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The criminal justice system was founded as a means for people to pay their debts to society. In theory, one commits a crime, one is tried and convicted of said crime and then they are sentenced. Whether it is prison time, community service, probation or restitutions, once the sentence has been carried out, one should be able to return to society and be accepted once again. However, this is not the case by any means. Just ask Cincinnati business owner Troy Parker.
Once you become a felon, becoming a respected human citizen once again isn't so easy. It is difficult to find employment, housing and ultimately… help. Not only can you lose many constitutional rights, you can use aid that is offered to those in need. Parker can attest to a number of these first hand.
Parker spent 7 1/2 years in prison for bank fraud. In prison he saw how many people, especially Blacks, left and came back. They would tell stories of how they couldn't get housing or a job, so they went back to crime. Or maybe started using drugs. But in prison, Blacks were running everything.
“From the kitchen to the boiler — remodeling, painting, asbestos removal. So my idea was to have a company that hires returning citizens. In the lower-income community, there's people who have mental health issues, or convictions, or who struggle with addiction, but they can still work. I wanted to remove the obstacles that keep those people out of the workforce.”
Troy spent the majority of his time behind bars envisioning the business that he would begin once he returned to society. After leaving prison in 2015, Parker began working on and founded Innovative Labor and Cleaning Services. And he’s remained true to his promises ever since.
“If you don't have transportation to the job site, we provide it,” Parker says. “If you don't have boots to start working, we’ll give you the boots and take it out of your first paycheck. Most people who returned from prison or come out of rehab have mental health appointments, substance abuse appointments, PO appointments. So we make the schedule flexible. We’re not really a second chance company. We’re more of a third, fourth, fifth chance company, because many people come here and aren't willing to change at first. They'll leave, but four months later they come back and their attitude is a little different.”
By the end of 2019, the company had 120 employees. Parker was still operating on thin margins. Doing everything he could to make payroll. He even had to turn down jobs due to cashflow issues. But pushing forward, the company made over $2 million in 2019. Then, in March, the pandemic hit. Right away, Parker applied for the PPP and the EIDL loans offered to small businesses as part of the CARES Act.
He was told he didn’t qualify for either. The SBA’s PPP rules disqualified anyone convicted of a felony in the last five years, or anyone on parole or probation. At the time, the SBA was automatically rejecting EIDL applications for business owners who had been convicted of ANY crime in the last ten years. As well as anyone who had EVER been convicted of a felony. Because Parker’s conviction was a felony, and he had six months left of probation (out of five years), he was ineligible for both.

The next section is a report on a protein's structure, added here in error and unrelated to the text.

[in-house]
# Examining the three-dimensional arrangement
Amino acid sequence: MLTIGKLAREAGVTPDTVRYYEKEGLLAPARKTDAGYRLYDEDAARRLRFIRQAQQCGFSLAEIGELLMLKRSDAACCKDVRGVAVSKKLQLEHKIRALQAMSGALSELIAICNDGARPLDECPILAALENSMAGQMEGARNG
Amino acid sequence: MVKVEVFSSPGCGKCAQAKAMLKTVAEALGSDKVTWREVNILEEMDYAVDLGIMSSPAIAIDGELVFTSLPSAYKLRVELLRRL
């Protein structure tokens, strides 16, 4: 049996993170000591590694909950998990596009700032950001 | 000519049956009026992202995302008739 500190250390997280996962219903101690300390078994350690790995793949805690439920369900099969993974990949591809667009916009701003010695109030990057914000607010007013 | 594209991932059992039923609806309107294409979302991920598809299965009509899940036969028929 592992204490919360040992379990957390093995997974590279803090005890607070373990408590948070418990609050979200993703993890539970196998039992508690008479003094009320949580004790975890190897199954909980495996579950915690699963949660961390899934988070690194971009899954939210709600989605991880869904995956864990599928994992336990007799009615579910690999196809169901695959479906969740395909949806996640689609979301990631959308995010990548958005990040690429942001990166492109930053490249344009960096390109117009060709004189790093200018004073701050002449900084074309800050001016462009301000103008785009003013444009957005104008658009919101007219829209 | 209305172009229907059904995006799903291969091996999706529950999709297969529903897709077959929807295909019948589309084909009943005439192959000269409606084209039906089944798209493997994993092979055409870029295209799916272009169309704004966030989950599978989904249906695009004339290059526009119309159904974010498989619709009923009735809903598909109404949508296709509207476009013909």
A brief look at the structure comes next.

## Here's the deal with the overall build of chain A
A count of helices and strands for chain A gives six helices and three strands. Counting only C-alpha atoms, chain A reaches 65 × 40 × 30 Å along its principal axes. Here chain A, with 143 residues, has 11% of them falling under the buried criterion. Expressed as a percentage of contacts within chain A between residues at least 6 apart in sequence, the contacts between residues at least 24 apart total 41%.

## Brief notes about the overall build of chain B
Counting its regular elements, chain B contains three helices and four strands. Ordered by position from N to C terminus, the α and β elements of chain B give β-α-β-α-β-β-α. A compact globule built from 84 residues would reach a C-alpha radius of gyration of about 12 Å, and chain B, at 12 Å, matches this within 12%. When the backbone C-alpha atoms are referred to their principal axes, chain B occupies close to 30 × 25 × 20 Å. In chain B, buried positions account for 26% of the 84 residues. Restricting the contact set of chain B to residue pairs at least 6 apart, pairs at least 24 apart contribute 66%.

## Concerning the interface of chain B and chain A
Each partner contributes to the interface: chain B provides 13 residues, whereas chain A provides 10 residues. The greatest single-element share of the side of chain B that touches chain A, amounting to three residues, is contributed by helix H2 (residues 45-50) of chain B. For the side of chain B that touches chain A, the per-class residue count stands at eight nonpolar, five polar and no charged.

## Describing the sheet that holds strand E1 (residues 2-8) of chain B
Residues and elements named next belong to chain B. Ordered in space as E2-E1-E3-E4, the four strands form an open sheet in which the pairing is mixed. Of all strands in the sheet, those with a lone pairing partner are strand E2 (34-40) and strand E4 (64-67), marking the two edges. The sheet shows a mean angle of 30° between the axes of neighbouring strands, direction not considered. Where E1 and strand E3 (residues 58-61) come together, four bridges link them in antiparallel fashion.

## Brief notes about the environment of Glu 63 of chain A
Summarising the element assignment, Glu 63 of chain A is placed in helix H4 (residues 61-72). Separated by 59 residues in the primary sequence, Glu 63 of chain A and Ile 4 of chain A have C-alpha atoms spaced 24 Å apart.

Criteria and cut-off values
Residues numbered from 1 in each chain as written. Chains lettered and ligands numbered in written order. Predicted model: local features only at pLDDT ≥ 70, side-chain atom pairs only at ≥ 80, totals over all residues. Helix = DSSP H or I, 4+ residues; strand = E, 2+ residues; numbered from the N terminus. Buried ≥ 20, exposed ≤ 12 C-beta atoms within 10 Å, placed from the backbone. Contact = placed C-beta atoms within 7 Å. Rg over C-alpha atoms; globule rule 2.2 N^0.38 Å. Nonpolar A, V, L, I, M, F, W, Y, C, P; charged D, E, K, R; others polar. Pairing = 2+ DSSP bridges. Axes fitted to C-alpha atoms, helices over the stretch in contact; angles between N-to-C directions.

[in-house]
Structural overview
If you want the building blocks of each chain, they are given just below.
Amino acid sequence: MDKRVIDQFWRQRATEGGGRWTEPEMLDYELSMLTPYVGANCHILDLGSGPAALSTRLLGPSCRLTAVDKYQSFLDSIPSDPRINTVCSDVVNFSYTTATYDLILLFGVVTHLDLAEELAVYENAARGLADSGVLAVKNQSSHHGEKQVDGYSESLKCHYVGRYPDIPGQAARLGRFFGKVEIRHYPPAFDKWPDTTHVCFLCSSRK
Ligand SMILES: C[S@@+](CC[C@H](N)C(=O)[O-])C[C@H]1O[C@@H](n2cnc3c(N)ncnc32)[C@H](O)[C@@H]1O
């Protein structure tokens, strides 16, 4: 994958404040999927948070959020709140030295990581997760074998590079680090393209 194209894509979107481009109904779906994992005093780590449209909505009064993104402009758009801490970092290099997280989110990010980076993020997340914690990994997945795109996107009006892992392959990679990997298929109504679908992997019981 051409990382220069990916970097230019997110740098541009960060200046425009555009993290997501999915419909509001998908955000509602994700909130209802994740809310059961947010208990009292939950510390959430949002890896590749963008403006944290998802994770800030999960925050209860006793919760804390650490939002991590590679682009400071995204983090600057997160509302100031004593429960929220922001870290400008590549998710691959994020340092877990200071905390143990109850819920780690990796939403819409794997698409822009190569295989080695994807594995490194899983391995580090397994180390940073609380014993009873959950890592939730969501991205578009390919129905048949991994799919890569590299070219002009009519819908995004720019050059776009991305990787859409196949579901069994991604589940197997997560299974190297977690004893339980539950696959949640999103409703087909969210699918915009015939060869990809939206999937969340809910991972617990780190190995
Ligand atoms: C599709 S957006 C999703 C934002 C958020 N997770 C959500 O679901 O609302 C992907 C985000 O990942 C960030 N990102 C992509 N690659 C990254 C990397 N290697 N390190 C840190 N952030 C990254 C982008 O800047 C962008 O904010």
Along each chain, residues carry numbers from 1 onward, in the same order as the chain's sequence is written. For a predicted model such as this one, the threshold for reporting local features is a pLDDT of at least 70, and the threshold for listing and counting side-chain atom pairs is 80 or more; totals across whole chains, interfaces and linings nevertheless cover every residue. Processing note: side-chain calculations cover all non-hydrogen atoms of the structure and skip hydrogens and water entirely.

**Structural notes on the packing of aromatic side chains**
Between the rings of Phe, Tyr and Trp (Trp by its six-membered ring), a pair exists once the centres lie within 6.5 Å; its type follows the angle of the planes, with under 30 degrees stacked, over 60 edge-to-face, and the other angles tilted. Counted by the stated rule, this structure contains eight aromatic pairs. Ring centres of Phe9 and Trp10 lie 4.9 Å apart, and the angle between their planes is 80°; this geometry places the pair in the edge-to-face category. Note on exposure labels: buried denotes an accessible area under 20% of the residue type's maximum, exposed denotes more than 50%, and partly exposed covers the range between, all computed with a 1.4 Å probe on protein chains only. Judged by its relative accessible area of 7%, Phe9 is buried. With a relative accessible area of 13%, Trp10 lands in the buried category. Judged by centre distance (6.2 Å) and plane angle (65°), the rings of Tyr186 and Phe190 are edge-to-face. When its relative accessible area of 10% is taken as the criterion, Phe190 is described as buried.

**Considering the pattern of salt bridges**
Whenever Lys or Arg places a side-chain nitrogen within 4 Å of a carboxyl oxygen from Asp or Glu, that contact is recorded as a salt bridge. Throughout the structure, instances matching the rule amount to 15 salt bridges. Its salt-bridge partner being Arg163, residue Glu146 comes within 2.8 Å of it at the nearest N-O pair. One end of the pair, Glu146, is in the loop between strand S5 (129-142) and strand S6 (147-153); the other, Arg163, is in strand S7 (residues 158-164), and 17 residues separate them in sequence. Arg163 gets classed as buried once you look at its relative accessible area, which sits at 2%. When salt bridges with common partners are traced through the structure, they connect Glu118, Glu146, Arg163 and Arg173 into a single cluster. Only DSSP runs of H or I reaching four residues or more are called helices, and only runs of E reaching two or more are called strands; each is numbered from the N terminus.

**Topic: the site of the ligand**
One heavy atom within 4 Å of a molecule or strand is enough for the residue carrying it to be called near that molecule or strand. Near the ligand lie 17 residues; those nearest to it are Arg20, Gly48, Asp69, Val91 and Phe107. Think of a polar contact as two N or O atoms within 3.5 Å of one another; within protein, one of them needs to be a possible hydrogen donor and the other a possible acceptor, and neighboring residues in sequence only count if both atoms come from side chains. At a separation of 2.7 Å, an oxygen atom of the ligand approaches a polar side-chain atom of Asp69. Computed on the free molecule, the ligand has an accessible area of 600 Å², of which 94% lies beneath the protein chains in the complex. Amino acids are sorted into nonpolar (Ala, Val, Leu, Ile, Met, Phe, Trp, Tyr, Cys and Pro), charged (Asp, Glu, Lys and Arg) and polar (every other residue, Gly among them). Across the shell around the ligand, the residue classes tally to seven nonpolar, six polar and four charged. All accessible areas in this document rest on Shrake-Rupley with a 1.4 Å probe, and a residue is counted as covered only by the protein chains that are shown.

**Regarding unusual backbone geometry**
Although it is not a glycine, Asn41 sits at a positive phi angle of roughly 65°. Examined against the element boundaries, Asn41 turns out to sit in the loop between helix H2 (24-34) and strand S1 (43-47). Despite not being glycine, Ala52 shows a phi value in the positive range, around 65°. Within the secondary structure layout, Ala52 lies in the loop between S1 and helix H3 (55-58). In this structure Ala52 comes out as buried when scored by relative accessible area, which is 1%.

“It was frustrating. But I can’t say that I was totally let down,” Parker said. “The number of times I’ve heard ‘no’, it’s almost like, you know, I thought it was my name.” Parker didn’t greet this news with a shrug. He wrote emails, he made calls, he connected with other business owners with criminal records. He connected with Ohio Senator Rob Portman (R), who heard Parker out. And in turn said he would write a letter on Parker’s behalf to President Trump’s staff and the SBA. Parker also got in touch with Ohio Representative Steve Chabot (R) and Senator Sherrod Brown (D).
Across the country, bipartisan advocacy groups and politicians began voicing opposition to the SBA’s restrictive rules for small business owners with criminal records. They pointed to the fact that these business owners had paid their dues. As well as their debts to society. Plus, they were now playing a vital role in fighting recidivism, since many hire other people with criminal records who often struggle to find work.
Senator Portman was particularly keen on advocating for Parker. And incredibly, a week before the June 30 PPP deadline, the SBA agreed to change the rules. This change made parole and probation no longer a disqualifying factor (unless the parole or probation started in the last year). Even with the rules changed, there were a shocking number of bureaucratic roadblocks and hoops to jump through. But Parker was able to get his PPP application in at the actual final hour. He eventually received both the PPP and EIDL loans. With that money, he’s been able to bring back many old and new employees. Plus, he’s been able to start taking jobs they couldn’t before due to cashflow concerns.
Troy's story is one that we all can learn from. If you are currently a business owner or hoping to become one in the near future, persistence is very key. You will be told no. You will be denied. And ultimately you will be given a BS reason as to why you don't qualify. As a Black man, Troy was already behind the preverbal 8-ball. As a Black felon, there was little to no hope that he could be successful. Parker isn't only a success and inspirational story to Black business owners, but to all that have been told “no” in their lives.
If you are local to the greater Cincinnati Area and in need of cleaning or labor services, be sure to reach out to Innovative Labor and Cleaning Services. A list of services can be viewed here and the company can be contacted here. Whether you are returning to society and looking for an opportunity or you have a commercial or residential property in need of services, you can get more information there.
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